(Mosa'aberising / flickr)
This past week was a pivotal moment for the struggle for women's rights in Egypt. In response to more protests in Cairo's Tahrir Square, police and government security forces beat and stripped several female demonstrators. One moment captured by a photographer ricocheted around the country, and seemingly just as fast, around the world: A woman, her black abaya yanked over her head to expose her naked torso and blue bra, was dragged by helmeted security forces over the pavement. One of them stood over her, hurling his foot down at her bare stomach. Days later, an estimated 10,000 women struck back in a mass rally in central Cairo declaring, "the daughters of Egypt are a red line" that cannot be crossed.
But the abuse of female protesters in Tahrir Square is just the latest in a series of challenges to women's rights since the overthrow of Hosni Mubarak. Soon after his regime fell, many quarters of Egyptian society started fighting to dial back many of the gains women have made in recent years. And, the success of the Muslim Brotherhood and the Salafis in the first two rounds of elections suggests that the new parliament may in fact push restrictions into policy. The revolution may have come to Egypt, but for women, it may mean anything but progress.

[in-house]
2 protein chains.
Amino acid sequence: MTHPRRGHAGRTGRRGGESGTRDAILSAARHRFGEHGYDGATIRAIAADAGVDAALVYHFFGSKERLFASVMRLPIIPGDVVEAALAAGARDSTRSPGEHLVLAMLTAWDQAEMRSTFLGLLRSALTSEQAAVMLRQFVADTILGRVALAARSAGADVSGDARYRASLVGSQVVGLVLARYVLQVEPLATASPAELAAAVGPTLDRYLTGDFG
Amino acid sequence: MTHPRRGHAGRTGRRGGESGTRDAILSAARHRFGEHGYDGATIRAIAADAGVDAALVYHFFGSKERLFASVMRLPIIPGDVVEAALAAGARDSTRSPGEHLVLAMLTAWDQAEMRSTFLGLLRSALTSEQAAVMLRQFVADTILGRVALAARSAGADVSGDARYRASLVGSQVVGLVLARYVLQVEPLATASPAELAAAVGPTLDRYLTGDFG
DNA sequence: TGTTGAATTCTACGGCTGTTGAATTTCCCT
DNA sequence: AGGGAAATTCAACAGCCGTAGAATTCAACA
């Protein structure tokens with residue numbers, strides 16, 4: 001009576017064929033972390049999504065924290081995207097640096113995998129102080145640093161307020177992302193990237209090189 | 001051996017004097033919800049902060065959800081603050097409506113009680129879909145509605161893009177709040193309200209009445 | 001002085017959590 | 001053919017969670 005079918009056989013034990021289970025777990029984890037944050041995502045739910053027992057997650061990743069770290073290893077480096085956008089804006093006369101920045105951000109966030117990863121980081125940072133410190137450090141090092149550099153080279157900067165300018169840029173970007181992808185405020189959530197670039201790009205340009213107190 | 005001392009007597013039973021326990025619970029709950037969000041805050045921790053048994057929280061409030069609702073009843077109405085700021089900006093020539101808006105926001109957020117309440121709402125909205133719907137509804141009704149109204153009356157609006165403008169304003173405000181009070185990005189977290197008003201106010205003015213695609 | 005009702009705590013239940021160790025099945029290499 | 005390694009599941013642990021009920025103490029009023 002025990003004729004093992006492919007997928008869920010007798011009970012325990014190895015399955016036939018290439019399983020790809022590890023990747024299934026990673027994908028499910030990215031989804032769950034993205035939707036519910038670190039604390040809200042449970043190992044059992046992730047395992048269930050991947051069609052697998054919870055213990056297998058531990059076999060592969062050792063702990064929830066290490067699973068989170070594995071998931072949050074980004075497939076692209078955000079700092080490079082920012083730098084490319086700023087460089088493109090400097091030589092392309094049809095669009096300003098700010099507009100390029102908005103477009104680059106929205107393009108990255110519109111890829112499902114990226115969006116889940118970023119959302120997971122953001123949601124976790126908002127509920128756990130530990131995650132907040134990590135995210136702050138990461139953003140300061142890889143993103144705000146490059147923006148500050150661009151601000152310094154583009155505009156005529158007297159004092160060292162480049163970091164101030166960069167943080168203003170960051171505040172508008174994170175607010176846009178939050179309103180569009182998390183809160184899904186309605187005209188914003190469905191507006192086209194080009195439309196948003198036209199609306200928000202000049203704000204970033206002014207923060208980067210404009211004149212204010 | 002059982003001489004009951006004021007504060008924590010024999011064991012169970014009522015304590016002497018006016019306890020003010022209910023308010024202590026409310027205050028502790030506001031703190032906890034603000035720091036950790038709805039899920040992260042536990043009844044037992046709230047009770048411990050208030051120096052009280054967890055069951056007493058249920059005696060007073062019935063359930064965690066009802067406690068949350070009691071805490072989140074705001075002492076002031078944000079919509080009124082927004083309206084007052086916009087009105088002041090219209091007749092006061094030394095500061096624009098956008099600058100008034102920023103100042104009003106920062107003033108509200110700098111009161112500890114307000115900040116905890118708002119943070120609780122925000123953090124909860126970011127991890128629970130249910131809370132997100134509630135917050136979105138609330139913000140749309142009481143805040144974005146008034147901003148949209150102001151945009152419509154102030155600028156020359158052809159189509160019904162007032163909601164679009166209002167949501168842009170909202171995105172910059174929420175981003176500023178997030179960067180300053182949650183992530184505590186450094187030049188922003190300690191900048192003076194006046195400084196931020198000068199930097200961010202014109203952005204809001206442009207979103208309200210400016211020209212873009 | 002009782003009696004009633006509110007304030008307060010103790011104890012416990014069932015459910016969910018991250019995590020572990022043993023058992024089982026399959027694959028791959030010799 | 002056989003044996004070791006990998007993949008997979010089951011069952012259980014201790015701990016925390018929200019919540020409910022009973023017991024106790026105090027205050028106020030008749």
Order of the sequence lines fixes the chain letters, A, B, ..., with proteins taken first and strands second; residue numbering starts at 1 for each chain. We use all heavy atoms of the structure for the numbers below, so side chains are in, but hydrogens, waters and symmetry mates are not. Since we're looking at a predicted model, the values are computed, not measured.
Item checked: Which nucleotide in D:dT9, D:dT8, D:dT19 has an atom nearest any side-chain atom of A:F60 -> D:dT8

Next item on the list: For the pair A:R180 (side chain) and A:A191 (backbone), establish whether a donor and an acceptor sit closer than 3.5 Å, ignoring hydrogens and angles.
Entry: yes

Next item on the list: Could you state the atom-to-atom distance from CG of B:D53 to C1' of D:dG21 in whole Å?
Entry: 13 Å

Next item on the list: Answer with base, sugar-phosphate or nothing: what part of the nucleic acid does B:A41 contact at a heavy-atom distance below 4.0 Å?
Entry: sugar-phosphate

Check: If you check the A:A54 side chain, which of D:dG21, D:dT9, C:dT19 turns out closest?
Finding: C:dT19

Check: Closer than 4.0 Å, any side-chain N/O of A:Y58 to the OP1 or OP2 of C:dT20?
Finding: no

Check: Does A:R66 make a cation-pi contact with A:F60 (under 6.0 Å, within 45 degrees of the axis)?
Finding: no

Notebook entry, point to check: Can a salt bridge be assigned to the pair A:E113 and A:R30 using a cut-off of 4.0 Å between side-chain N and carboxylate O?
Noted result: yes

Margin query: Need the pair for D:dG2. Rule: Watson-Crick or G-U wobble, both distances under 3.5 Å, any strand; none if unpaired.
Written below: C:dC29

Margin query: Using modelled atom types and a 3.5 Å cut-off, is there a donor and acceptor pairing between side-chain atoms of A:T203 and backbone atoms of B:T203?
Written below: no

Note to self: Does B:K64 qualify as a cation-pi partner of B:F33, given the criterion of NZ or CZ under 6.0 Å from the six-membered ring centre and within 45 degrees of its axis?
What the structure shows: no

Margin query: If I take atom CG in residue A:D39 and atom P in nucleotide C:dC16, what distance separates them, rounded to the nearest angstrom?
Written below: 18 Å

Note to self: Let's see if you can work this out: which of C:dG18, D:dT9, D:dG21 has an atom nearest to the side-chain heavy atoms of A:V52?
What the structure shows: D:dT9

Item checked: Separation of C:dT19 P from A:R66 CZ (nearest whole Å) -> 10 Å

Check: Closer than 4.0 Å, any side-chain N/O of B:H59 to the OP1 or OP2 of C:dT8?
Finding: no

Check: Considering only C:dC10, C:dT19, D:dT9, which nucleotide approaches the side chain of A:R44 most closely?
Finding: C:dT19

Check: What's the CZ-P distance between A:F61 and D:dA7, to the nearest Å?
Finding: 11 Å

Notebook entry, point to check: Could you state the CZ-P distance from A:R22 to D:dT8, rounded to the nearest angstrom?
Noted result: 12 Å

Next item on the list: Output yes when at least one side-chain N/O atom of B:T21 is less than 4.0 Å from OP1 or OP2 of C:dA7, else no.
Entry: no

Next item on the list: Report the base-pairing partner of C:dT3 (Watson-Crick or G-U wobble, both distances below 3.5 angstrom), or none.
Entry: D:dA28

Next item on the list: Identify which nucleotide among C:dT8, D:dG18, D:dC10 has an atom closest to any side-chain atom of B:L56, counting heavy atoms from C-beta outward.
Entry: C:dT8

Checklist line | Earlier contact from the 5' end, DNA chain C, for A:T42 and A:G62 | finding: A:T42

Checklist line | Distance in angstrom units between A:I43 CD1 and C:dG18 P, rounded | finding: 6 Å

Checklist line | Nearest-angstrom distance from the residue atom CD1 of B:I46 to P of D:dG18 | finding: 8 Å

Fearing the rollback of some women's rights, the United States may consider supporting the Egyptian military's bid to maintain control in the hope that that the generals will protect women's position. But given the military's own atrocious record on women's rights -- as its treatment of female protesters makes clear -- Washington should avoid this temptation at all costs.
Women began complaining about their lack of representation in positions of policy within days of Mubarak's departure, when the SCAF appointed an all-male committee to write constitutional principles for a March referendum. Things only got worse after that. On March 9, soldiers subjected at least 20 female protesters to electric shocks and beatings and inflicted